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The Sargasso Sea

The Sargasso Sea image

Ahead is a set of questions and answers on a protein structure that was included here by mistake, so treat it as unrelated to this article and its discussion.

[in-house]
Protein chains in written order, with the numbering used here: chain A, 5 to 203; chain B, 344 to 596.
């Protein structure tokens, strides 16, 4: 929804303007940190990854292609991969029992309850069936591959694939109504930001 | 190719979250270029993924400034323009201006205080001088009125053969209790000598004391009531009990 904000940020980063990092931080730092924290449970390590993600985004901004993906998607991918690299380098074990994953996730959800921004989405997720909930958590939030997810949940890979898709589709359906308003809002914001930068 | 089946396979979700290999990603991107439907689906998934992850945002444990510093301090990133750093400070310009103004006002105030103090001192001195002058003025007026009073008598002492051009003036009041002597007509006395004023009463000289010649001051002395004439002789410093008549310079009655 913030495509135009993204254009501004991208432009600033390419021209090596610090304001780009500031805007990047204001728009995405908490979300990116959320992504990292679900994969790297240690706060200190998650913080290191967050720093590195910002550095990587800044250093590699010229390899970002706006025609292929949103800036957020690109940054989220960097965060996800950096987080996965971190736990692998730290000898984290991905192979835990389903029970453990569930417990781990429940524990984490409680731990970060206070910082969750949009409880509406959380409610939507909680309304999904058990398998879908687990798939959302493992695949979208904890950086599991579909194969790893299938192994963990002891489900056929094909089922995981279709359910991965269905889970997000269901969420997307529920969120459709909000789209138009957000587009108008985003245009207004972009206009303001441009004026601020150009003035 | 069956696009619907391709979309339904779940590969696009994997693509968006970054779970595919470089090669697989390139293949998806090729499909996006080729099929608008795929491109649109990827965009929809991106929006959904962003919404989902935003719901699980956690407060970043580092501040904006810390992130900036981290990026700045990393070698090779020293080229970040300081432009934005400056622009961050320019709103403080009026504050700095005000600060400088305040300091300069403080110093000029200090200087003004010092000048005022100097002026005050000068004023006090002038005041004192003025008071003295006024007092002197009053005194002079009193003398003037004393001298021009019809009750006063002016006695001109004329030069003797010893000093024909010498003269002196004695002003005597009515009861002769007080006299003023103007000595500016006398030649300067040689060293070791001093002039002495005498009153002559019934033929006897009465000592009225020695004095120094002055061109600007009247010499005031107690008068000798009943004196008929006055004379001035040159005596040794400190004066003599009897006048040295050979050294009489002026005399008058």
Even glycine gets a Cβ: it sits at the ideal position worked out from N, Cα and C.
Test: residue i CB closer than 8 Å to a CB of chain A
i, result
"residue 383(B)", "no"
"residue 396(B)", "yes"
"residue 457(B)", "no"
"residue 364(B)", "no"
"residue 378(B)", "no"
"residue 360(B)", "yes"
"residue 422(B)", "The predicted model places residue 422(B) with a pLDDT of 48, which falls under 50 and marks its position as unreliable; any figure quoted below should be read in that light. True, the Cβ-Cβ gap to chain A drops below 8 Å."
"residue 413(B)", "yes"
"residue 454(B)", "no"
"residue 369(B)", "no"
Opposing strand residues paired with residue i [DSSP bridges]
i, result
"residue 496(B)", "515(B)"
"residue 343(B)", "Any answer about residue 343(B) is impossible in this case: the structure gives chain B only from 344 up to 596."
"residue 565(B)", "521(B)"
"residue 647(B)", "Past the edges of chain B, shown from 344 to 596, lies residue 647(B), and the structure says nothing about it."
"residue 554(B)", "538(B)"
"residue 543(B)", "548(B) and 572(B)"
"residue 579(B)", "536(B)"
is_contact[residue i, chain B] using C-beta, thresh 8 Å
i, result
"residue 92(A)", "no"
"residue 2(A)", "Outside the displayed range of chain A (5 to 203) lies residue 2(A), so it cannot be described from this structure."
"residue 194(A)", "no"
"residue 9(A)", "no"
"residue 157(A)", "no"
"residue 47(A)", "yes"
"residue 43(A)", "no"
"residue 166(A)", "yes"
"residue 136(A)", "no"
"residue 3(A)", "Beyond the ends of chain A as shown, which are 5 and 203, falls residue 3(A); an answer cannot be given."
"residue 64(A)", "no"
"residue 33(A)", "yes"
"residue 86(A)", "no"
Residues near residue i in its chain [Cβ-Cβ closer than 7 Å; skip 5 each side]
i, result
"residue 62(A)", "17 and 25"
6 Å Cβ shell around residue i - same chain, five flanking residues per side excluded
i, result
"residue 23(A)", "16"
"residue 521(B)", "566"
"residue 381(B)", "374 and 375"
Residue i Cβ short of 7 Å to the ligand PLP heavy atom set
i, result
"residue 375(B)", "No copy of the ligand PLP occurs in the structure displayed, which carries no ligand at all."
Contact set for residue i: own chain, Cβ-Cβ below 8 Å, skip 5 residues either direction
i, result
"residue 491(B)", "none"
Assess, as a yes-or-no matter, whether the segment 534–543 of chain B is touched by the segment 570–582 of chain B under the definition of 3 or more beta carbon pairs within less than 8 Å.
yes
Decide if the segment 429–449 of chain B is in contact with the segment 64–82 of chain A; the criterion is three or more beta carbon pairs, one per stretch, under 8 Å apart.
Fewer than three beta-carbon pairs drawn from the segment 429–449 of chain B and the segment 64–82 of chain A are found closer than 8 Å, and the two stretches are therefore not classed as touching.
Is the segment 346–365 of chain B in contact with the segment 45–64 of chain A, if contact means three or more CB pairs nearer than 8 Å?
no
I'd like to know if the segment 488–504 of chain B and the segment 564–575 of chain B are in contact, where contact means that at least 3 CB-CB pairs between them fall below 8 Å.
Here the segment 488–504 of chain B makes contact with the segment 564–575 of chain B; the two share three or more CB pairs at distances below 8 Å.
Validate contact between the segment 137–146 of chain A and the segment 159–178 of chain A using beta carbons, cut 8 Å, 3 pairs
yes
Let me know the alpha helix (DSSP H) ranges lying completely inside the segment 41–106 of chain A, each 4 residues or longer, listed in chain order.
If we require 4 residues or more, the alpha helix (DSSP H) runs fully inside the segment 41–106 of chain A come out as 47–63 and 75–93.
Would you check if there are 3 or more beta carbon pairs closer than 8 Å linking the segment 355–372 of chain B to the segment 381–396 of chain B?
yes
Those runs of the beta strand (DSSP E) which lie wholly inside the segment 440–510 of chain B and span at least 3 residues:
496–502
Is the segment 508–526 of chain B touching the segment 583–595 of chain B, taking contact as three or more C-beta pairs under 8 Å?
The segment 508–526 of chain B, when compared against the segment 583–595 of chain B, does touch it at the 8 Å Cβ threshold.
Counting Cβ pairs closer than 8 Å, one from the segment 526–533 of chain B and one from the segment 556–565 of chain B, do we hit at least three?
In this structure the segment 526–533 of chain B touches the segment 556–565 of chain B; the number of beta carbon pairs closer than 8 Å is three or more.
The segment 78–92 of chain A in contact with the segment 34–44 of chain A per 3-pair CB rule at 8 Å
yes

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Only a bit of floating seaweed that the restless surf washed upon tbe beach, and yet the mere sight of it carried my thoughts back to one of the most important events in the history of the world, for its far away anoestors well nigh prevented the discovery of 'America. Yon know the story - how the ignorant sailors of Colnmbus beoame alarmed and alinost mntinied when their ships ëailed intowhat appeared tobe a perfect network of impenetrable weeds. They believed that the thickening sea was a warning of Providence to turn back from their andacions undertaking, and it required all the firmness and authority of Columbus to bring them back to dnty and obedience. That wonderfnl mass of seaweeds was something new and' mysterions and thereforO to be feared. Later on, when the Spaniards became familiar with its constant presence in that triangular space midwayin the Atlantic between the Azores, the Canaries and the Cape de Verde islands, they called it a "marine meadow." The sailors, however, christened it the Sargasso sea, from the Spanish word sargazo, which means seaweed. Still, though satisfied that it was not of supernatural origin, they cculd not account for its existen ce. Science, however, long ago solved the mystery, not only of this, bnt of other Sargasso seas. For there are several others, and they are always found, each in almost the same spot. The diurnal motion of the earth, the never ceasing rush of the tides and the steadyforce of the winds créate, tindei the tropics, a surface current in the seas, which advances, from east to west, at the rate of about ten marine miles an Keur. This cnrrent, which. is called the equatorial cnrrent, or current of rotation, is only superficial, and extends in one vast mobile sheet, which moves between the tropics It forms the genial waters of the Caribbean sea and feeds the gulf stream. At Cape San Roque it divides, one part flowing south to rueet and be transforrned into a submarino current by the nortb polar current ; on the other si de it bathes the shores of Guiana and Brazil. And then there is the "gulf stream of the east, " which issues from the bay of Bengal. lts waters, like those of our own gulf stream, may be distinguished from tbe bordering waters of the great ocean by their indigo tint. The Japanese cali it the black river. Leaviug the bay of Bengal, this great warm current passes through the strait of Malacca, sweeps the coast of Asia, and then, north of the Philipplne islands, rushes out into the ocean, de.scribing the are of a great circle as far as the Aleutian islands. Like the gulf stream of the Atlantic, it nioderates the rigor of tbe climates that it traverses. The analogy between these two great oceanic arteries is wonderful, but it is enough for our present purpose to know thaf to their circuí tons curren ts the Sargasso seas owe their existence. How? Well, this is easily explained. Drop some pieces of light rnoss or bits of cork or wood into a tub of water : then with your hand near its edge give the water a circular motion. In a moment you will see that all the floating substances will have collected in the center. Continue the circular motion, and at the same time blow sharply against the floating objects, and they will change their position, but will not leave the vicinity of the center so long as the rotary motion of the water continúes. Observe, too, that this center is comparatively calm. This is the explanation of the Sargasso seas. In the center of the several circuits of the great oceanic arteries vast basins of comparatively still water are formed. The cnrrents by which they are surrounded constantly throw toward the center all floating substances, especially marine plants, and these, owing to the quiet waters, multiply with great rapidity, those that have lived their appointed time sinking out of sight, while new ones take their place. Even the action of the winds, as intimated above, serves only to shift this position slightly. The "marine meadow" with which we are most familiar, that of the midAtlantie, spreads over an extent of surface fivo or six times as large as the territory occupied by France. What a wonderful meadow on land that would be for cattle ! And yet it is scarcely less so where it is for the creatures of the sea. This sargassum, or gulf weed, ie rather odd looking. lts frond is very long and furnished with distinct, stalked, nervine leaves aüd berrylike air vessels on simple axillary stalks. It is found floating or cast on the shores, but its true home is at the bottom of the sea, whence, becoming detached, it rises to the surface, buoyed upby itscurious little air vessels. - The sargassum hardly looks "good enough to eat," but that it is both palatable and nutritions is abundantly proved by the many dishes that are preüared from it. not onlv in China, but in


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